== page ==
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How to Measure Your Head for a Helmet
Before you begin, you'll need a soft fabric measuring tape with centimeter increments. The centimeter measurement is important, as this small unit enables you to get the most accurate measurement of your head.

    1) Place the tape measure snugly around your head at the widest point about one inch above your eyebrows. Make sure the tape goes over the bump at the back of your head and that it is just above the top of your ears.


    2) Compare your head measurement to the manufacturer's sizing chart provided at the end of this article for the brand of helmet you would like. You can choose from a wide variety of helmets, from fun-colored schooling helmets to synthetic suede covered helmets and black velvet show helmets. If you plan on competing, your trainer can provide guidance in choosing the look of your helmet most appropriate for your riding discipline.

    Note: Some manufacturers use head circumference in centimeters for their sizing, some use hat sizes, and some use universal sizing in extra small, small, medium and large. Additionally, helmet sizes vary between manufacturers.

    3) Place the helmet level on your head. Be sure to try on helmets with your hair in the same style in which you ride. If you have long or thick hair that you wear under your helmet, you may need to increase your helmet size slightly.

    Note: Attempt to make your hair as flat to your head as possible when wearing your helmet; many people prefer to use two hair nets to obtain a sufficiently flat, snug fit. The first hair net is tied into the ponytail, and the second hair net holds the ponytail flat to the head. For illustrated how-to details, see the topic Helpful Tips for Hairstyling.

    4) Check the helmet shape.

    Some helmets suit round heads and some suit oval heads; you may have to experiment with different brands to find the most suitable helmet. There are various ways to determine whether a helmet is the wrong shape for your head, but here are some examples.

    If the helmet squeezes your forehead but rocks easily sideways, it is too round for your head. If the helmet fits the sides comfortably but rocks front to back, it is too oval for your head.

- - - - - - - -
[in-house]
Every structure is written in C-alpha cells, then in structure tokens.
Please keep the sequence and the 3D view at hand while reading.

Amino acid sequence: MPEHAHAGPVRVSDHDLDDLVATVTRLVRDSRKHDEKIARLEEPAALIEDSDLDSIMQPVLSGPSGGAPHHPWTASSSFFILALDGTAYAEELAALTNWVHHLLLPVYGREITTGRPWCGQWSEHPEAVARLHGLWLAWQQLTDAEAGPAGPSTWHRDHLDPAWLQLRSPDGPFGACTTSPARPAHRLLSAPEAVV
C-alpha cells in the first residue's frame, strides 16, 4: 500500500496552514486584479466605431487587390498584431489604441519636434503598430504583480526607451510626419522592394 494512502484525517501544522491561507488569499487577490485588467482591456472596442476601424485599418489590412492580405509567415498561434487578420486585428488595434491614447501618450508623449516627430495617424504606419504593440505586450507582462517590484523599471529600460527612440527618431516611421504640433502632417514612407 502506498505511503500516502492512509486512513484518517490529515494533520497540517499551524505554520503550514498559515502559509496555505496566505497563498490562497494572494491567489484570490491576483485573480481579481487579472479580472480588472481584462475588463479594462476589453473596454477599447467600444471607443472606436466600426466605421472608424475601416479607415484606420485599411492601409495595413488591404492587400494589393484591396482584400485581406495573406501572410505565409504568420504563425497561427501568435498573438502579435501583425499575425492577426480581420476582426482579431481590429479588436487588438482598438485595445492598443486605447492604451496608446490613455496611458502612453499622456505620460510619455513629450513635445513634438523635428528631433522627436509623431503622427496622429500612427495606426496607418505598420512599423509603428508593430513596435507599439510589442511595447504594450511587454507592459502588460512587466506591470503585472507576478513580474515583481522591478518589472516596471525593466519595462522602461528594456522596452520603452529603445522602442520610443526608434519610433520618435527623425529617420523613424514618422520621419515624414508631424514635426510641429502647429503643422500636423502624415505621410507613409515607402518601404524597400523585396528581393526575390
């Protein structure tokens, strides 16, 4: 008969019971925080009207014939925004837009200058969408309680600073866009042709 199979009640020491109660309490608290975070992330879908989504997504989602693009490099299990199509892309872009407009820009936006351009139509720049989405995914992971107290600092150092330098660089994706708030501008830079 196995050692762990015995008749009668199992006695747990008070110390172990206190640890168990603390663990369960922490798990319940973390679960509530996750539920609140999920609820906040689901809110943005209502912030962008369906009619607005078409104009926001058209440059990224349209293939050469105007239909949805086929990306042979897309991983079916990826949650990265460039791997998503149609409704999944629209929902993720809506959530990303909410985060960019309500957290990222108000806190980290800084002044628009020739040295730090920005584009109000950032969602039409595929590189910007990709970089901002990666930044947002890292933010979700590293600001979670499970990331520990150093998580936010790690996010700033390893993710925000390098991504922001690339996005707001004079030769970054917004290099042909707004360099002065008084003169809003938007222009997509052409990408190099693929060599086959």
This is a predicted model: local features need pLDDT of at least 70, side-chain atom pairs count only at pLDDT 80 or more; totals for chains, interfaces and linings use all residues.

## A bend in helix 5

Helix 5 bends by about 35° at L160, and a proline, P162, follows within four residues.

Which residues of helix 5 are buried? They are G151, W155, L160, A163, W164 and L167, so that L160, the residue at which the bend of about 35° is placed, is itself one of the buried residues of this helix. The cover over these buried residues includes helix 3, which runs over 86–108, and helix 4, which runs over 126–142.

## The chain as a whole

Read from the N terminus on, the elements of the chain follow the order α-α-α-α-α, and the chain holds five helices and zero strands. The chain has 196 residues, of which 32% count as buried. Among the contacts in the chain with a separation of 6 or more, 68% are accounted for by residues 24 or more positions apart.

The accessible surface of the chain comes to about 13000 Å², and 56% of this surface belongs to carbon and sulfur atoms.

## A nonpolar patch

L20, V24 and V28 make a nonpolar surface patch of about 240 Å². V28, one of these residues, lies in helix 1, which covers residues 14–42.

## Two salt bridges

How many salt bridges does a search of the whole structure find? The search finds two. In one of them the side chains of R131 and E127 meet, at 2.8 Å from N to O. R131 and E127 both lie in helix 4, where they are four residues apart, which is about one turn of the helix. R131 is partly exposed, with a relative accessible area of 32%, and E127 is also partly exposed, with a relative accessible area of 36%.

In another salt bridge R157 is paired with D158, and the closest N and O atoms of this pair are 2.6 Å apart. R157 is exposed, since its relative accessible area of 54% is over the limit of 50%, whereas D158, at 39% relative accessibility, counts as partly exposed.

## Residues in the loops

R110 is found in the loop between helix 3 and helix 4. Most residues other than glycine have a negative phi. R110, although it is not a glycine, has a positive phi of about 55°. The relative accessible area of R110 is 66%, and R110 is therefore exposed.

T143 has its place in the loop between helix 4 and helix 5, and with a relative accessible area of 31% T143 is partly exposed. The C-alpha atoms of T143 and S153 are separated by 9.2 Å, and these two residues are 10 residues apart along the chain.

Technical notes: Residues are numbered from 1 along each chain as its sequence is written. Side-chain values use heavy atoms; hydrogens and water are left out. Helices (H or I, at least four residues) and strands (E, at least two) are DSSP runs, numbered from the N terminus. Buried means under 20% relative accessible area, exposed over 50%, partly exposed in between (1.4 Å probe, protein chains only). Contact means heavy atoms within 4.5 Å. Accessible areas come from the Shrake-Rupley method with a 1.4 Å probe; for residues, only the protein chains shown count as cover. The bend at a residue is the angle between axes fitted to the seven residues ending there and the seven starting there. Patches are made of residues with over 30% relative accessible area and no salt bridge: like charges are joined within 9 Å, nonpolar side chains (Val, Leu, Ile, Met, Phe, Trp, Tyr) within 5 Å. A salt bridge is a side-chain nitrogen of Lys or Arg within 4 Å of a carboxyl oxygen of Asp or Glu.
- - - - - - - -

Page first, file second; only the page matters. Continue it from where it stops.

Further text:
Oval shaped head
Round shaped head

    5) Check the overall fit.

    A correctly sized helmet sits down snugly on your head and covers your entire skull with equal pressure all around. No gap exists between your helmet and your head; even pressure with the lining allows the helmet to absorb force in an accident.

    If you feel the helmet wants to rise or pop upward from your head, then it is too small. If the helmet is loose all around your head and sitting low on the eyebrows, it is too large.

Helmet too small, popping up
Helmet sitting too low, too big

    Try to wiggle the helmet up and down. The skin on your forehead and your eyebrows should move with the helmet. If the helmet slides freely and your skin doesn't move, then it is too large for your head. Shake your head from side to side and up and down. The helmet should not pivot on your head. If it does, then the helmet is too large.

    While a slightly large helmet may feel very comfortable initially, if you select one that does not fit snugly when it is new, it will become too large over time as the lining breaks in. A large helmet will shift during riding and could become a distraction, and it will not protect you well during a fall.

    If you are trying on an adjustable helmet and the fit is very close to being correct, you might tighten it through the use of slides, dials, changeable padding or ties, and repeat these tests. Otherwise, try another size, style or brand of helmet.
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